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Looking for scientific data and insight to Norwex cloth efficacy

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Question:


Good day, I have read much material on Norwex, microfiber in general, and alternative cleaning methods. My sources involve, the CDC website white papers (which specify a difference between cleaning and sanitation), Norwex private test data, university and hospital studies, many blogs, forums, and Reddit posts.


In most cases, nearly every post involving the name Norwex results in usually sly sales pitch replies from those involved in the Multi-Level Marketing company.


The Norwex pitch and tests are clearly bias and scientifically invalid, but is there any truth to it?


There are two main parts here:


  • microfiber vs cotton (obviously no contest, and microfiber wins)
  • colloidal silver (seems like snake oil)

The colloidal silver is nothing new, as it is used in anti-odor clothing.


Norwex does not promote the fact that cleaning with chemicals is made more greatly effective by the use of microfiber, but instead pushes the idea of using only water with the cloths and states the silver kills the bacteria and prevents proliferation. Since the silver would be removed during a wash cycle, it is recommended to hang them to dry.


This has resulted in many people attempting to go "green" and/or "organic", thinking that their new cleaning system is not simply spreading filth and sickness around as well as leaving microorganism biofilm unaffected.


As you can tell, I am a skeptic, and very much grossed out by the thought of this MLM product and what I believe to be snake-oil tactics taking advantage of naturalists.


If you are biologically educated, can you please provide insight to prove or disprove their claim to fame? I am willing to do my own tests, but unsure of the proper method for growing in a Petri dish at this time. I need to do more research. Thanks!



Reason for Concern:


I am a post-transplant, Acute Myeloblastic Leukemia survivor, concerned about public facility sanitation practices that fall victim to marketing tactics pitched to organic movement followers.



Other Supporting Info:


Our state and county local sanitation guidelines do not specifically state what is required to properly sanitize with or without chemicals, nor which chemicals are required to remove specific viruses, bacteria, and their biofilms.



Personal Thoughts:


My personal belief (which I am looking to validate or disprove), is that CDC and other testing and recommendations were demonstrating the efficacy of split microfiber as opposed to legacy methods with cotton and excessive use of hazardous chemicals. My belief is that periodic maintenance based cleaning should be performed with citrus or other organic cleaners in conjunction with split microfiber materials in order to effectively remove most bacteria. Bleach should still be used periodically (based on use of facility) to "sanitize" and kill viruses and bacteria with resilient biofilms. Frequency of cleaning and sanitation should be increased in relation to the amount of use the facility experiences as well as the number of children that could be affected, and diseases that may be transmitted. The practice of wiping down a soiled surface with split microfiber and water, and then hanging it up to dry in hopes that the silver impregnated material will kill the bacteria, let alone clean the cloth, seems to be a misplaced trust and hazardous. Periodic cleaning of the rags is not enough, and even after one cleaning, the amount of silver removed would most likely render any original benefit null from being washed away.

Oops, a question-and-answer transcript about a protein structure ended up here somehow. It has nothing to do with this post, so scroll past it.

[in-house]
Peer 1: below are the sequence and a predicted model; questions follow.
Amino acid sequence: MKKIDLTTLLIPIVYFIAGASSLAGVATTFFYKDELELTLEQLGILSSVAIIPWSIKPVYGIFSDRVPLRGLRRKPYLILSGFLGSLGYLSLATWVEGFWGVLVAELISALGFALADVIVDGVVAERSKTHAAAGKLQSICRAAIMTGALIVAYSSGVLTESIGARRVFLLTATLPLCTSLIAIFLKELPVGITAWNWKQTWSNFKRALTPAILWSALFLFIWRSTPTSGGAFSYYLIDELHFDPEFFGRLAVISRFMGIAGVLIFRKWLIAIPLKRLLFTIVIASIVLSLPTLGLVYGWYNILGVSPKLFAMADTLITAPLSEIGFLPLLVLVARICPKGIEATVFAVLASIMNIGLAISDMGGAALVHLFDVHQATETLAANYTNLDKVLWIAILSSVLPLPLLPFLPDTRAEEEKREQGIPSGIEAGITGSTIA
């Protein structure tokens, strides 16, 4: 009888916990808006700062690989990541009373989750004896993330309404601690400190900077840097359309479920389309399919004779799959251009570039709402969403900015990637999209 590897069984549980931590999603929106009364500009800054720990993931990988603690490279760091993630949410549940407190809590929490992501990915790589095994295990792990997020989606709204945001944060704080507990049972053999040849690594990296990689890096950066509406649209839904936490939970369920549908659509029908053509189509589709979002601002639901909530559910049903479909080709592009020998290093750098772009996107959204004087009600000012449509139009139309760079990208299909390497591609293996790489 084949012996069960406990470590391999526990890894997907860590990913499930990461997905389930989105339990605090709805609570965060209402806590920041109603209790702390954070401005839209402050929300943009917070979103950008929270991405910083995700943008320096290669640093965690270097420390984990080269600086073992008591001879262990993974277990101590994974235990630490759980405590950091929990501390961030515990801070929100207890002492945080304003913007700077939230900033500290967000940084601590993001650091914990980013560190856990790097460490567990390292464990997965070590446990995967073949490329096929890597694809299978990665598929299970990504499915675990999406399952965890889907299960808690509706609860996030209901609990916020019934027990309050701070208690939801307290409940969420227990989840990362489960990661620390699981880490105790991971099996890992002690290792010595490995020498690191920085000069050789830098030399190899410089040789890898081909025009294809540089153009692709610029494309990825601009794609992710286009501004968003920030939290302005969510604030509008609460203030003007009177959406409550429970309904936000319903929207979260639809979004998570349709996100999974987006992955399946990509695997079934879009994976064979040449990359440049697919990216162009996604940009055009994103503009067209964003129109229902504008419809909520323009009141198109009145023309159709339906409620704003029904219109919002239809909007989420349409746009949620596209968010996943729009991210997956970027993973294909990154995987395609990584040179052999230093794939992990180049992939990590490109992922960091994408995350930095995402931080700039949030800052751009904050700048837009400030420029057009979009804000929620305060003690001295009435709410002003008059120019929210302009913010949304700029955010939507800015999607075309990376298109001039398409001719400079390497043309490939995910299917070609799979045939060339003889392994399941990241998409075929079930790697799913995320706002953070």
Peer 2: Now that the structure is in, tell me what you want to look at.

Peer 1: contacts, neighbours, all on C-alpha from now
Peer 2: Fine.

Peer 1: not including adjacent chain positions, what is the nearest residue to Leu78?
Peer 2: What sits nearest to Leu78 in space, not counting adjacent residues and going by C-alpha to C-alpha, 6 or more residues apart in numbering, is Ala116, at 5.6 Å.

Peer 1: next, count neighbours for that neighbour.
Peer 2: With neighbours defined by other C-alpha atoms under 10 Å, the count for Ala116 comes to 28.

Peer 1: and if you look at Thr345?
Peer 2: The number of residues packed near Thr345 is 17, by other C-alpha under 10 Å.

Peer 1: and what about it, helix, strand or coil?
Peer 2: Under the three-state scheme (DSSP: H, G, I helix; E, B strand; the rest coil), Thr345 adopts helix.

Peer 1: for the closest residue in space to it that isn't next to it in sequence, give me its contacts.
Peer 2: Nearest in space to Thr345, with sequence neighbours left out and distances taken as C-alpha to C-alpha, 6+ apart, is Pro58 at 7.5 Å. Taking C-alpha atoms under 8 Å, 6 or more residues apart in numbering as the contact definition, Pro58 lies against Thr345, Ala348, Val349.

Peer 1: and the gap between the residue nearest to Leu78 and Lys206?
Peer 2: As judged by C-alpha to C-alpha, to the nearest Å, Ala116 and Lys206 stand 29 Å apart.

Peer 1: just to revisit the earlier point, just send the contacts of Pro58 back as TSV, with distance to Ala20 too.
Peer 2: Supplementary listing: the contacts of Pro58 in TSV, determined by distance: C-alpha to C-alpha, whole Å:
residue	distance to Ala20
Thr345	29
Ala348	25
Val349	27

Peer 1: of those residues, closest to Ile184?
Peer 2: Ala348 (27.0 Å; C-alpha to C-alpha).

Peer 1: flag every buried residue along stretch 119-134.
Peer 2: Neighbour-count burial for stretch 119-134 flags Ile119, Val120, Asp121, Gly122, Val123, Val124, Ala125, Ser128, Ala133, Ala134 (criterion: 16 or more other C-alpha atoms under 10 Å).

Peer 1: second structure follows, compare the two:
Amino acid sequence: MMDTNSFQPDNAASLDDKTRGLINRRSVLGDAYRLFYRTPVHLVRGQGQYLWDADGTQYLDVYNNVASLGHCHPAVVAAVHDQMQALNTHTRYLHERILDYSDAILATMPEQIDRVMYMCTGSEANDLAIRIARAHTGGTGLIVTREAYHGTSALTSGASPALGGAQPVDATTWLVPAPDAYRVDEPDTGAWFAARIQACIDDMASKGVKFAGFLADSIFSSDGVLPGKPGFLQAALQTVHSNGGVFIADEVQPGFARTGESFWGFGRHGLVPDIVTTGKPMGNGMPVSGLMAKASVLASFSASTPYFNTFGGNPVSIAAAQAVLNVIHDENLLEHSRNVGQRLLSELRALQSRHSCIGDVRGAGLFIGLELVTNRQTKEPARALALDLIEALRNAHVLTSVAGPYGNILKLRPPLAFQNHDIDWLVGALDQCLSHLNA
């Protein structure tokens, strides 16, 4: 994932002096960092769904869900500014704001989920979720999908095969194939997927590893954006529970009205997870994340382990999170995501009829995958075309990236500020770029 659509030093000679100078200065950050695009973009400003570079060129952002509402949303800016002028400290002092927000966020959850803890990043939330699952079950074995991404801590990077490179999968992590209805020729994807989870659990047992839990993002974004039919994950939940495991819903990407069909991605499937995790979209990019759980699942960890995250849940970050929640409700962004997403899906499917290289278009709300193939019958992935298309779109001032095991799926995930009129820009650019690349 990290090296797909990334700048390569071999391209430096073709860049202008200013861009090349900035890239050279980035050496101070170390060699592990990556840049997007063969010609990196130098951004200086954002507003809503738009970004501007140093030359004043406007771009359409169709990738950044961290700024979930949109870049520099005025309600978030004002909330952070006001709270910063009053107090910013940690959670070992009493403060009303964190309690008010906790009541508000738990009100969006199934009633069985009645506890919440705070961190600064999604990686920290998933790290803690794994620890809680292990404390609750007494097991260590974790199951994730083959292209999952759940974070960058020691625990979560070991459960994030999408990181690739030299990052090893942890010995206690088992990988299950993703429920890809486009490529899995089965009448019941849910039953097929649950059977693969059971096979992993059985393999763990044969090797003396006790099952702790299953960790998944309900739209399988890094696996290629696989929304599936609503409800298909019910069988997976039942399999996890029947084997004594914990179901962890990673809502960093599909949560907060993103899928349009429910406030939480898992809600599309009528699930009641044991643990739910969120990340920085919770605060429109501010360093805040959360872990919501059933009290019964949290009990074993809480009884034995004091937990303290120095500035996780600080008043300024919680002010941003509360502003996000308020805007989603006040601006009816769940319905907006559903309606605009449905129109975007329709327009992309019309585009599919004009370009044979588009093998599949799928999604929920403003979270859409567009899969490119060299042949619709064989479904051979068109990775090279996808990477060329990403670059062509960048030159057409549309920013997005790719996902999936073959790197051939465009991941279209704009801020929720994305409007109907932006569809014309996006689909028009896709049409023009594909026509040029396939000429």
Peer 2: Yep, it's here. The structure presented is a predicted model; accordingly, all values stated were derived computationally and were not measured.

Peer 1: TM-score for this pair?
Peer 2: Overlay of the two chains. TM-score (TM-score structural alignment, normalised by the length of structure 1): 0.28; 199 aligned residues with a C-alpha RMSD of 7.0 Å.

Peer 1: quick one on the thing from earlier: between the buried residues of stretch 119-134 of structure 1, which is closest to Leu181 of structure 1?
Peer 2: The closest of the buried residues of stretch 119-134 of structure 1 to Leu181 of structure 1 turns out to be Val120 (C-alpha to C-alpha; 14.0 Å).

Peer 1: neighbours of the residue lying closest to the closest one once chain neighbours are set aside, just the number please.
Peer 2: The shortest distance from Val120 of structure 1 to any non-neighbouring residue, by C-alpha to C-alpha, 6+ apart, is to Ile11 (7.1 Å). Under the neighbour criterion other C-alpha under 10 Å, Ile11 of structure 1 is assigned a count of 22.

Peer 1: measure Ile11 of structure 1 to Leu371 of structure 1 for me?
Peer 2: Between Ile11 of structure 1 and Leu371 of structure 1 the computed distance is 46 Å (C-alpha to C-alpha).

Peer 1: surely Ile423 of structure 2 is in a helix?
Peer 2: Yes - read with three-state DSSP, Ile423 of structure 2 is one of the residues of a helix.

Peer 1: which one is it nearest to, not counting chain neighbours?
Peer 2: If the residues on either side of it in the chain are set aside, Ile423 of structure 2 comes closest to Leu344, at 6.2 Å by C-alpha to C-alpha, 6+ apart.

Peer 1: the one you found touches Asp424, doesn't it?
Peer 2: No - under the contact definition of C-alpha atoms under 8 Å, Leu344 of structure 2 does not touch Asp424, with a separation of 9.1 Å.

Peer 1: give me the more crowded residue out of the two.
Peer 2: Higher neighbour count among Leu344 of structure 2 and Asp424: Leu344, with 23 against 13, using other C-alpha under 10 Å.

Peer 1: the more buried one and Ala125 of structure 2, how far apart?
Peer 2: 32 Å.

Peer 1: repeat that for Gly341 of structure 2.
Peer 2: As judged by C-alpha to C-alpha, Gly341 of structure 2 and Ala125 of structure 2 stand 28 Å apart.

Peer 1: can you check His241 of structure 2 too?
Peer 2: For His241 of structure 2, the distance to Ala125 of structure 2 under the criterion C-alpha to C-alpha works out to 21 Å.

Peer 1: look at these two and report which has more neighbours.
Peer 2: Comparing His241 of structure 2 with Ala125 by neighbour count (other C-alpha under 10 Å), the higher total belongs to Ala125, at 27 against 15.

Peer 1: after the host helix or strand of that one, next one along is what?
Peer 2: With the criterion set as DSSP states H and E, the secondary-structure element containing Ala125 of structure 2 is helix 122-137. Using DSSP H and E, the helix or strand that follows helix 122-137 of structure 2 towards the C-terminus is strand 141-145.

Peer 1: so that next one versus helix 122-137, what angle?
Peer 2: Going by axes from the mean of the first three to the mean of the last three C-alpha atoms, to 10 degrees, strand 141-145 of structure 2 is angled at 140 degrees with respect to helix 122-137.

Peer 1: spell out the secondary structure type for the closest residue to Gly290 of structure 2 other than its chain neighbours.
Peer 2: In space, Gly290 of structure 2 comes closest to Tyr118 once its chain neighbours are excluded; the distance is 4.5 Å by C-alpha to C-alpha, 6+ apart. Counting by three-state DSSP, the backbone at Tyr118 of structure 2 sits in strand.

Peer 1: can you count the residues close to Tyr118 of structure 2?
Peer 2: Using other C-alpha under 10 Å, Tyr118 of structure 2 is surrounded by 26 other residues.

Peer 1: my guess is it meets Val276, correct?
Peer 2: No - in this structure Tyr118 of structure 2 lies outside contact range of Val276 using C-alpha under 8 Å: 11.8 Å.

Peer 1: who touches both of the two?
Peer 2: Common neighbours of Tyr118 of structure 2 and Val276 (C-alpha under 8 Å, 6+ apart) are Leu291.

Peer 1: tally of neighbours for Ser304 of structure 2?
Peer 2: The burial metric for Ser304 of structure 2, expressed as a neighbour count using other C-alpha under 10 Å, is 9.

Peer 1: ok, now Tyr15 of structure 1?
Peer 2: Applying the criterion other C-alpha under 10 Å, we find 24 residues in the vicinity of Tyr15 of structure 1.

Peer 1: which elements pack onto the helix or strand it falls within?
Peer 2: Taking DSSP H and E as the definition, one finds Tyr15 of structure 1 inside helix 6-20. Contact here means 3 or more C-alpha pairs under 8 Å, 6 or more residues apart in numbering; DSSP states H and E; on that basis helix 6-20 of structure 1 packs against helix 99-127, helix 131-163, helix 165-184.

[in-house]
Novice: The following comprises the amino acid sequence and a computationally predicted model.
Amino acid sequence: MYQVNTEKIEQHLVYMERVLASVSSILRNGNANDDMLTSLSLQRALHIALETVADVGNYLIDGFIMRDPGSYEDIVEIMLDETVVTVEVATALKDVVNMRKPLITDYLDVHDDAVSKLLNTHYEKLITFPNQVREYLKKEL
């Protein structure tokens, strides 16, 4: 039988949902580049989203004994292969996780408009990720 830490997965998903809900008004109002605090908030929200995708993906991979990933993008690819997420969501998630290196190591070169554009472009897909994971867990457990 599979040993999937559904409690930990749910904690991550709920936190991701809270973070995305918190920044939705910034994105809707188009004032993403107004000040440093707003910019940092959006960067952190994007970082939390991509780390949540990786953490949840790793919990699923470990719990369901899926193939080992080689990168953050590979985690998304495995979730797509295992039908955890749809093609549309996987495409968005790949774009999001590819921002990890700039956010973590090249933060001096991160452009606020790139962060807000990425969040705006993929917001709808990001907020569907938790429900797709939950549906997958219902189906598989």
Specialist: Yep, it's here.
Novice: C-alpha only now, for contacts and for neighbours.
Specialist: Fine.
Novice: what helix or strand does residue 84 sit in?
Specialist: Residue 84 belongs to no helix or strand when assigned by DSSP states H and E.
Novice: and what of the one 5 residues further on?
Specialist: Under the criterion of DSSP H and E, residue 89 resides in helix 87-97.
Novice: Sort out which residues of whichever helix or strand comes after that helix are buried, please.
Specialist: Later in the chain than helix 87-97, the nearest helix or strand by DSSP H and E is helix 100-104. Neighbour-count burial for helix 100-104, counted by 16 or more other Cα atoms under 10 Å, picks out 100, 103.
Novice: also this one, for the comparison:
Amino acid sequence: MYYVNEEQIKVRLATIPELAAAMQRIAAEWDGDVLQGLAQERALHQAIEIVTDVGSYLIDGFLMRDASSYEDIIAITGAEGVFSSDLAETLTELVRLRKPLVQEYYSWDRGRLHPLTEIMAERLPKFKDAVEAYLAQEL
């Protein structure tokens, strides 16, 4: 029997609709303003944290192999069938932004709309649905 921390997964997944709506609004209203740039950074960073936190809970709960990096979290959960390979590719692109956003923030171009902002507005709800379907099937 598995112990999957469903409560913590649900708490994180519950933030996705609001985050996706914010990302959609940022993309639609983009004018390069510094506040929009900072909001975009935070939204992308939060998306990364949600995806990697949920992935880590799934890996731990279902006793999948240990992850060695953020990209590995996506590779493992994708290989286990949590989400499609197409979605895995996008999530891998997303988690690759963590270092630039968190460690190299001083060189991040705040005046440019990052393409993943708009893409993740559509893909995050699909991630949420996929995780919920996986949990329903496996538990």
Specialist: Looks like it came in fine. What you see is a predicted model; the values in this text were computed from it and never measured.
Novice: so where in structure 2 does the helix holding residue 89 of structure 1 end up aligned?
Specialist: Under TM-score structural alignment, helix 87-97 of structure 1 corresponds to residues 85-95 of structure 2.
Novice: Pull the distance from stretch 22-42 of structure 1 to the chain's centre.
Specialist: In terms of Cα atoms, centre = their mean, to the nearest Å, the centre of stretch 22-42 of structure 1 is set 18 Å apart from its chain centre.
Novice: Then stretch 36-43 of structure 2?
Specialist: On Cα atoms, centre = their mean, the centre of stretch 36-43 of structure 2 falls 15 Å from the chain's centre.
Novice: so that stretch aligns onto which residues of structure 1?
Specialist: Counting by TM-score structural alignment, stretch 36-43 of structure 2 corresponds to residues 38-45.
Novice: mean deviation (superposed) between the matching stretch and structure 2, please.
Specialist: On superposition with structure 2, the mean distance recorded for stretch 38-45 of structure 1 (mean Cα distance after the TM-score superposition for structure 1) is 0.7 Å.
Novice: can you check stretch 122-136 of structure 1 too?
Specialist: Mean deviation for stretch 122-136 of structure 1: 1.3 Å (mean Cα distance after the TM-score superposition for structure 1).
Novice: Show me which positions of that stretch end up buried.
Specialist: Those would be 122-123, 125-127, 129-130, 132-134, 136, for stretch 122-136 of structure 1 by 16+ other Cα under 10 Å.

Thank you


Edited by raredesign

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It is somewhat complex but there are studies in hospitals specific to bacterial loads. Starting with silver, the antibacterial properties are well known. However, it will just reduce the load of bacteria in the cloth. If maintaining low bacterial load is critical, it is recommended to use single-use towels, anyway. Otherwise you will have to desinfect your cloth (e.g. by steam sterilization) at which point the silver won't offer a lot of advantages. It will probably have a lower bacterial load than other towels if it is just rinsed out. In some cases, where high loads are expected, silver can assist in removing/killing them, as found in a study with microfiber mops (De Lorenzi et al. 2011 15:3 Bra J Inf Diseases)

 

Now to hospital studies. There are a few out there that look for efficient cleaning/desinfection of surfaces without exposing patients or custodians to a lot of chemicals. Here it was often found that steam cleaning in conjunction with microfiber cloth works quite well, although there are also differences between the quality of the cloth (though still better than cotton in all cases).

See e.g. Gillespie et al 2015 41:5 Am J Inf Control.

 

Overall, it is relevant to determine how the cleaning is done, what is being cleaned and how the cloth is treated after use. I.e. even using plenty of chemicals, surface are not necessarily free of bacteria, if it is not done right. E..g. letting bleach act on bacteria and fungi before wiping them off, for example.

Edited by CharonY